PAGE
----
In (a)–(c), the Monte Carlo derived histograms of Čerenkov emission, *P*(*x*, ϕ), for a 4 × 4, 10 × 10, and 20 × 20 cm^{2} 6 MV beam. The histograms of Čerenkov emission, *P*(θ, *z*), for all three field sizes are shown in (d)–(f).

In (a)–(c), the Monte Carlo derived histograms of Čerenkov emission, *P*(*x*, ϕ), for a 4 × 4, 10 × 10, and 20 × 20 cm^{2} 6 MV beam. The histograms of Čerenkov emission, *P*(θ, *z*), for all three field sizes are shown in (d)–(f).

In (a) the Monte Carlo derived phase function, *P*(*z*, θ), for Čerenkov emission from a 4 × 4, 10 × 10, and 20 × 20 cm^{2} 6 MV beam at depths of *z* = *d* _{ max }, 10, 20, 30, and 40 cm. In (b) the normalized phase functions from (a) in comparison to the normalized phase function in the buildup region at *z* = 0.2 cm for all three field sizes is plotted.

In (a) the Monte Carlo derived phase function, *P*(*z*, θ), for Čerenkov emission from a 4 × 4, 10 × 10, and 20 × 20 cm^{2} 6 MV beam at depths of *z* = *d* _{ max }, 10, 20, 30, and 40 cm. In (b) the normalized phase functions from (a) in comparison to the normalized phase function in the buildup region at *z* = 0.2 cm for all three field sizes is plotted.

In (a)–(c) the Monte Carlo derived Čerenkov emission light profiles, *P*(θ_{ lens }, *z*), as a function of depth for a 4 × 4, 10 × 10, and 20 × 20 cm^{2} 6 MV beam at imaging distances of L = 45, 100, and 150 cm. In (d)–(f) lateral light profiles, *P*(*x*, ϕ_{ lens }), for the same three field sizes and imaging distances. The solid lines denote the total light (i.e., angularly integrated emission profiles), expected to be a surrogate for the deposited dose in the medium.

In (a)–(c) the Monte Carlo derived Čerenkov emission light profiles, *P*(θ_{ lens }, *z*), as a function of depth for a 4 × 4, 10 × 10, and 20 × 20 cm^{2} 6 MV beam at imaging distances of L = 45, 100, and 150 cm. In (d)–(f) lateral light profiles, *P*(*x*, ϕ_{ lens }), for the same three field sizes and imaging distances. The solid lines denote the total light (i.e., angularly integrated emission profiles), expected to be a surrogate for the deposited dose in the medium.

In (a)–(c) the horizontal calibration factor, *C*(*x*), is plotted for a 4 × 4, 10 × 10, and 20 × 20 cm^{2} 6 MV beam at imaging distances of L = 45, 100, and 150 cm. In (b) the vertical calibration factor, *C*(*z*), for all three field sizes at each imaging distance is plotted.

In (a)–(c) the horizontal calibration factor, *C*(*x*), is plotted for a 4 × 4, 10 × 10, and 20 × 20 cm^{2} 6 MV beam at imaging distances of L = 45, 100, and 150 cm. In (b) the vertical calibration factor, *C*(*z*), for all three field sizes at each imaging distance is plotted.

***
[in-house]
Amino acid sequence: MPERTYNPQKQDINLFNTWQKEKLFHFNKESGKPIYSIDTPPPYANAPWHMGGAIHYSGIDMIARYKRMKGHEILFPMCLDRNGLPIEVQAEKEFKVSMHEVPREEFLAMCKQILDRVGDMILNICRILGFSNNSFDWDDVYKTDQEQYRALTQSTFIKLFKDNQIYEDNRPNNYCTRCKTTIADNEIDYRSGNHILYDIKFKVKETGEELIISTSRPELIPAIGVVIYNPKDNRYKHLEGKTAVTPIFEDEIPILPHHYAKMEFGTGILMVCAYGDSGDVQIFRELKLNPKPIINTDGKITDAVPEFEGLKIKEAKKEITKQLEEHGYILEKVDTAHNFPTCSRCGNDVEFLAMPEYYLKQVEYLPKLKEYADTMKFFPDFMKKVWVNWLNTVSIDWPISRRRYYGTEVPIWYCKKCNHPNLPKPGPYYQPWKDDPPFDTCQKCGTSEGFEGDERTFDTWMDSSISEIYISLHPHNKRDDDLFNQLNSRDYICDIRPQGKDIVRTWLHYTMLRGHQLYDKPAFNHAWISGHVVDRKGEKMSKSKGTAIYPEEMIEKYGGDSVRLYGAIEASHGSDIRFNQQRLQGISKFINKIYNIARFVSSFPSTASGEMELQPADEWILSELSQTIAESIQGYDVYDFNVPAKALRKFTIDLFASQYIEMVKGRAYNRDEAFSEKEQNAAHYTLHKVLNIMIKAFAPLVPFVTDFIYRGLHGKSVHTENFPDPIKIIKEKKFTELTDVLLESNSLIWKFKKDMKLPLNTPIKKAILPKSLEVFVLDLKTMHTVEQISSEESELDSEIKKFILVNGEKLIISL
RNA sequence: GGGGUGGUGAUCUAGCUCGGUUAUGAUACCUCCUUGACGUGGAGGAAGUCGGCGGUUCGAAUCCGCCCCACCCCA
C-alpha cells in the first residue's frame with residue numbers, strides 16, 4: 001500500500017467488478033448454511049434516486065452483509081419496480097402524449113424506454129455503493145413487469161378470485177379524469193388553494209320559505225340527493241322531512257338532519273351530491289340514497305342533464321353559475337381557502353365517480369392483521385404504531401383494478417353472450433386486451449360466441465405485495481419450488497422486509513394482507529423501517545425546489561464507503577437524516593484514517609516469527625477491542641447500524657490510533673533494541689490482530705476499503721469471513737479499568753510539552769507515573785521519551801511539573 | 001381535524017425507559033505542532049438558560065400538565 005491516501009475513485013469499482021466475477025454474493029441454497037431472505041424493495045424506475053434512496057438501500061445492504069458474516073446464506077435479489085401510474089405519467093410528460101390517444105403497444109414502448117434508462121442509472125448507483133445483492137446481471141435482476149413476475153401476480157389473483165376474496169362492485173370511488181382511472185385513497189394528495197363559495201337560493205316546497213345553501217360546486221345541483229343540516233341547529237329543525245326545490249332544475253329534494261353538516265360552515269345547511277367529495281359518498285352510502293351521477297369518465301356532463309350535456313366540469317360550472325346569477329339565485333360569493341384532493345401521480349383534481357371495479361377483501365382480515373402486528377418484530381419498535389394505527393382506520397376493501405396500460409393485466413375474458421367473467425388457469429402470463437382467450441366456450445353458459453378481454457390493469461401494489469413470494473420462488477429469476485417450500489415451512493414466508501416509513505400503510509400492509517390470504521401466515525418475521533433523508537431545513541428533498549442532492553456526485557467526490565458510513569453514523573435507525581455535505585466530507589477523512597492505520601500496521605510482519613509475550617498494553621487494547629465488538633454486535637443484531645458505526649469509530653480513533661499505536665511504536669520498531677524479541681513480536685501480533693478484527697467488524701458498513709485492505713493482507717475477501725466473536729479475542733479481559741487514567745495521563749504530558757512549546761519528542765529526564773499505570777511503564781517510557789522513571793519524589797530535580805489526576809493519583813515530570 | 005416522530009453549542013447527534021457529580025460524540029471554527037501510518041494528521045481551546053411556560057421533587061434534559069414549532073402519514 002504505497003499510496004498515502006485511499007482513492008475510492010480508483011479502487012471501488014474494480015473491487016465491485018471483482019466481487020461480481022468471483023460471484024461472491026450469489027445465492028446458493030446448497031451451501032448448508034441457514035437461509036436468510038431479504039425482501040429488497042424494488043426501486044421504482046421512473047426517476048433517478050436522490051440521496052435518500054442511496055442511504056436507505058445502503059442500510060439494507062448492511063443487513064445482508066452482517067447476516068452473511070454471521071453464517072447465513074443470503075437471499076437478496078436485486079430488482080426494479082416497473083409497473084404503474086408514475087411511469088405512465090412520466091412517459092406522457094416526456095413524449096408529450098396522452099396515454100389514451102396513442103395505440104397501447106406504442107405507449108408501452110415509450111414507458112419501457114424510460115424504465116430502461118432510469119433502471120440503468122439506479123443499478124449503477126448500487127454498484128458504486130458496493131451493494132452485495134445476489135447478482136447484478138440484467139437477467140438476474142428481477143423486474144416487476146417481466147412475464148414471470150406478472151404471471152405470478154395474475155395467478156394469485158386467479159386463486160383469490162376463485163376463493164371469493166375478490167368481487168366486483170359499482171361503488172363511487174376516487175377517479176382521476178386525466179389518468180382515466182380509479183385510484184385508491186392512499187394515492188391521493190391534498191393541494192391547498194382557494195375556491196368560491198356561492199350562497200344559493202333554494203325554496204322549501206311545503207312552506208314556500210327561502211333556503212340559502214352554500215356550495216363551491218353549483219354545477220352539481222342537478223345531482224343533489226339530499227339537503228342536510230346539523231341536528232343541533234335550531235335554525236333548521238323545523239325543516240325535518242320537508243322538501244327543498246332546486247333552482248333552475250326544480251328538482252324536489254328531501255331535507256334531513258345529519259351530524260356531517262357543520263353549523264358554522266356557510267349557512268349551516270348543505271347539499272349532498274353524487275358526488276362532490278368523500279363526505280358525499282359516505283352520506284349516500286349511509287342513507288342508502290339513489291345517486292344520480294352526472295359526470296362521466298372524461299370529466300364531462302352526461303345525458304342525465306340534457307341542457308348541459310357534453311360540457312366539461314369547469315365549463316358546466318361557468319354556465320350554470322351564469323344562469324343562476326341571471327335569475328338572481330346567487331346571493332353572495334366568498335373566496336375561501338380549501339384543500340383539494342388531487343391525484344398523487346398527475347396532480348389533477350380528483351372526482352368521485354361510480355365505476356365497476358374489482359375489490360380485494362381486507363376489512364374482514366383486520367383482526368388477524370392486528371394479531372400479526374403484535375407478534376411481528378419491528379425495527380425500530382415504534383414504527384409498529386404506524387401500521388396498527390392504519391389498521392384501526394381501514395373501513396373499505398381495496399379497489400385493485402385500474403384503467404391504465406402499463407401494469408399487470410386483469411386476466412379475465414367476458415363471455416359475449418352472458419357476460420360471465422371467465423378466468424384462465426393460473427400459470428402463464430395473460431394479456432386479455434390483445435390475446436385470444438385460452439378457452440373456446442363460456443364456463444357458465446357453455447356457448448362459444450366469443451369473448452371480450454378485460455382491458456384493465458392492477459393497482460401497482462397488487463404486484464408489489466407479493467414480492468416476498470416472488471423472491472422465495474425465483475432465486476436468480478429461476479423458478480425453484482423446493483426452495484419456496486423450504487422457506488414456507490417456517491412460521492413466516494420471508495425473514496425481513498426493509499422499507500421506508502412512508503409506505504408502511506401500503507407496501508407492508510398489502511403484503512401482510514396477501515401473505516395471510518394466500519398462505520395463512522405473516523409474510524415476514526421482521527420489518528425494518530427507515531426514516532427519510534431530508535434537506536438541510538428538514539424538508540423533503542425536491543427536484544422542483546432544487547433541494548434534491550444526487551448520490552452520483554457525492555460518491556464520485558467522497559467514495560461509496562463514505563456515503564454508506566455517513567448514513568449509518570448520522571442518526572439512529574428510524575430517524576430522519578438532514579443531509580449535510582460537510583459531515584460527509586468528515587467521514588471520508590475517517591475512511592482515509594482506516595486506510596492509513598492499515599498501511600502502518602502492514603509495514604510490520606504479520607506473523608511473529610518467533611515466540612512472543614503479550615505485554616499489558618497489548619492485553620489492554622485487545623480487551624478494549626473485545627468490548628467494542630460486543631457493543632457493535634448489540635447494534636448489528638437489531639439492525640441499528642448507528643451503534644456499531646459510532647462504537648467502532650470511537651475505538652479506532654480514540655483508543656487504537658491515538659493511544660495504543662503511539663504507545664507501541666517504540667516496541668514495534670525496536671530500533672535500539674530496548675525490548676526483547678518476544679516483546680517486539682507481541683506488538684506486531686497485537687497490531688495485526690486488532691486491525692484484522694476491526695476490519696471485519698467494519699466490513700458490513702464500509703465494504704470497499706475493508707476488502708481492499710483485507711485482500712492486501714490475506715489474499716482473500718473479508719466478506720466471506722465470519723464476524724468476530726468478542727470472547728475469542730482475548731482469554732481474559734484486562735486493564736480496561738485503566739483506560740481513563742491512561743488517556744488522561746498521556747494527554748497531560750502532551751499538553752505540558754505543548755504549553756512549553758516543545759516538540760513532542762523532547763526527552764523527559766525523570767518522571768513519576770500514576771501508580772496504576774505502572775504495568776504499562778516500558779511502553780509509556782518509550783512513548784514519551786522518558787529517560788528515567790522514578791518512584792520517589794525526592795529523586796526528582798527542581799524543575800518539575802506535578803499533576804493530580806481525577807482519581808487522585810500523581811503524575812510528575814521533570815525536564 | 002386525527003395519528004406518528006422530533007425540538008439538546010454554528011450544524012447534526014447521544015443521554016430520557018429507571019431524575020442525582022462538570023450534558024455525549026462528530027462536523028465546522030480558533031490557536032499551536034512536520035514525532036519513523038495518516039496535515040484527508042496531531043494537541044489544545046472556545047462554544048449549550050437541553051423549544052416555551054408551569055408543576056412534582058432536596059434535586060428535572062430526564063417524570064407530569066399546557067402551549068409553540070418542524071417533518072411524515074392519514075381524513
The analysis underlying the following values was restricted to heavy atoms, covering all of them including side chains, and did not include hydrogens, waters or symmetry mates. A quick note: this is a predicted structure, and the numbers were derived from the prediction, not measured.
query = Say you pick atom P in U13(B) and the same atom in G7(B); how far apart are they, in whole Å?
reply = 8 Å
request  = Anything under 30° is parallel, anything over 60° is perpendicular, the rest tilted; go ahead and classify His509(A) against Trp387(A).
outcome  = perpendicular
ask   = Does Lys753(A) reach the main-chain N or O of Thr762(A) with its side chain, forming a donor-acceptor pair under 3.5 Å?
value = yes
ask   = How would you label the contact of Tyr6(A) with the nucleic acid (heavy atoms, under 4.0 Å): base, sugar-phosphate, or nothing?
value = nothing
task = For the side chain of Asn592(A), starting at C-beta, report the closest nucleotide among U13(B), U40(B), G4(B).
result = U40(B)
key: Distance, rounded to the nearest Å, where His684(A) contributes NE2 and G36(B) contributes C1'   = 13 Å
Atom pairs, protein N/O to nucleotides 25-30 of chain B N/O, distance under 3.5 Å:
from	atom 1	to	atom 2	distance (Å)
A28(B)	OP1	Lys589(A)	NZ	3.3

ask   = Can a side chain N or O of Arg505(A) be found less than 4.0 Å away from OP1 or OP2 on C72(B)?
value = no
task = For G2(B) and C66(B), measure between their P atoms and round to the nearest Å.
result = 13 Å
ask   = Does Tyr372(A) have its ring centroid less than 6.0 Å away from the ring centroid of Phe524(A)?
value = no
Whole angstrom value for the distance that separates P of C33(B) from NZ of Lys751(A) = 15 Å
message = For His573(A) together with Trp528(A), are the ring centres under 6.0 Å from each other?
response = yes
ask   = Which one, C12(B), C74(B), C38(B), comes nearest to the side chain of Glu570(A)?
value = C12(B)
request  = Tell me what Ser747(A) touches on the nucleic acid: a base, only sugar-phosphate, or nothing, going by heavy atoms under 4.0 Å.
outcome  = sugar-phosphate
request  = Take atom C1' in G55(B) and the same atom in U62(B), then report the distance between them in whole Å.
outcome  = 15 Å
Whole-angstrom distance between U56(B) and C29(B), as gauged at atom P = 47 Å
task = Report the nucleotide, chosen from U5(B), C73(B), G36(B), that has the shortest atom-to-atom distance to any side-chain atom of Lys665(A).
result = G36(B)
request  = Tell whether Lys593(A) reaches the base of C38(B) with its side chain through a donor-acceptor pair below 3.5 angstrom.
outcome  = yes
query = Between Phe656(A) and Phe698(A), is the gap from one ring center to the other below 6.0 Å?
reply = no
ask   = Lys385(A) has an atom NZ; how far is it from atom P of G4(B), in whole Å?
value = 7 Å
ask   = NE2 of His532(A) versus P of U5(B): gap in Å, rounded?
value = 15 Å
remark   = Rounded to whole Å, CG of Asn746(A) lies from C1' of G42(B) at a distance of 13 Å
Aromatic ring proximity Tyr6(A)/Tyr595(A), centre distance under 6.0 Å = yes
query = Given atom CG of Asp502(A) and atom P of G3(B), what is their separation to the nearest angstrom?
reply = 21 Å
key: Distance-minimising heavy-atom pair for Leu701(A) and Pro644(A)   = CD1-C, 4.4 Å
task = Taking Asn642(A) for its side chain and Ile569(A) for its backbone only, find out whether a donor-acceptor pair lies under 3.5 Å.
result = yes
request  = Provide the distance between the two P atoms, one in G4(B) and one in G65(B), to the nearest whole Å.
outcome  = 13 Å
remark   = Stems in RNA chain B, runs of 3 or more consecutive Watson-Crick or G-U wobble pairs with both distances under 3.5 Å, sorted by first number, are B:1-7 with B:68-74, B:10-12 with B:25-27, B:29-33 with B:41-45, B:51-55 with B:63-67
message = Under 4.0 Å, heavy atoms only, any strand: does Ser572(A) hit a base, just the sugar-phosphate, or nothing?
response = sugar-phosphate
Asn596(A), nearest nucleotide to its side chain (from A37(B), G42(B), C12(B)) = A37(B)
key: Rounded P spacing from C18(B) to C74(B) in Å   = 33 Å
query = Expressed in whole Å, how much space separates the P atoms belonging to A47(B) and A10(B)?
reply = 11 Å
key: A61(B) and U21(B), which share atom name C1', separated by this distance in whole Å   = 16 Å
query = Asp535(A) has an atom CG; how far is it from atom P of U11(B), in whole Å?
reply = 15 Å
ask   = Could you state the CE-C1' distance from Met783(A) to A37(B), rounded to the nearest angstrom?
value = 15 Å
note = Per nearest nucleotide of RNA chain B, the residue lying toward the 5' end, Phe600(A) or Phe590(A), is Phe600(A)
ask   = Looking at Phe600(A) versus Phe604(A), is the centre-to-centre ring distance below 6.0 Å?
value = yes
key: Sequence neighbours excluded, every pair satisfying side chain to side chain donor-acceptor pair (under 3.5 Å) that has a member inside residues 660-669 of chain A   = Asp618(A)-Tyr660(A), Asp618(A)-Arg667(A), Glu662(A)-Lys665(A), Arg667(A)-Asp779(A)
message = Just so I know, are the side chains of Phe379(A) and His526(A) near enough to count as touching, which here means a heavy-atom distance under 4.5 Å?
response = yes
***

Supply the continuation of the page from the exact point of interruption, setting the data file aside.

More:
In (a)–(j) the full resolution captured images of a 10 × 10 cm^{2} FOV for a 4 × 4 cm^{2} 6 MV beam after temporal median filtering of a various number of frames denoted by the numbers in the bottom right of each image. The scale bar in the bottom left of each image corresponds to 1 cm.

In (a)–(j) the full resolution captured images of a 10 × 10 cm^{2} FOV for a 4 × 4 cm^{2} 6 MV beam after temporal median filtering of a various number of frames denoted by the numbers in the bottom right of each image. The scale bar in the bottom left of each image corresponds to 1 cm.

The signal to noise ratio as a function of delivered dose is plotted for a 4 × 4 cm^{2} 6 MV beam. The corresponding coefficient values after regression to a square root power law are shown.

The signal to noise ratio as a function of delivered dose is plotted for a 4 × 4 cm^{2} 6 MV beam. The corresponding coefficient values after regression to a square root power law are shown.

In (a) the PDD from the TPS and Čerenkov emission light profile before and after correction are plotted. The corresponding dose difference as a function of depth between the TPS and corrected signal is shown in (b). In (c) the lateral profile comparison between the TPS and corrected and uncorrected light profiles at a depth of *d* _{ max } is shown. The corresponding dose difference is shown in (d).

In (a) the PDD from the TPS and Čerenkov emission light profile before and after correction are plotted. The corresponding dose difference as a function of depth between the TPS and corrected signal is shown in (b). In (c) the lateral profile comparison between the TPS and corrected and uncorrected light profiles at a depth of *d* _{ max } is shown. The corresponding dose difference is shown in (d).

## Tables

Relevant optical parameters of Čerenkov emission in water, tissue, and polystyrene plastic.

Relevant optical parameters of Čerenkov emission in water, tissue, and polystyrene plastic.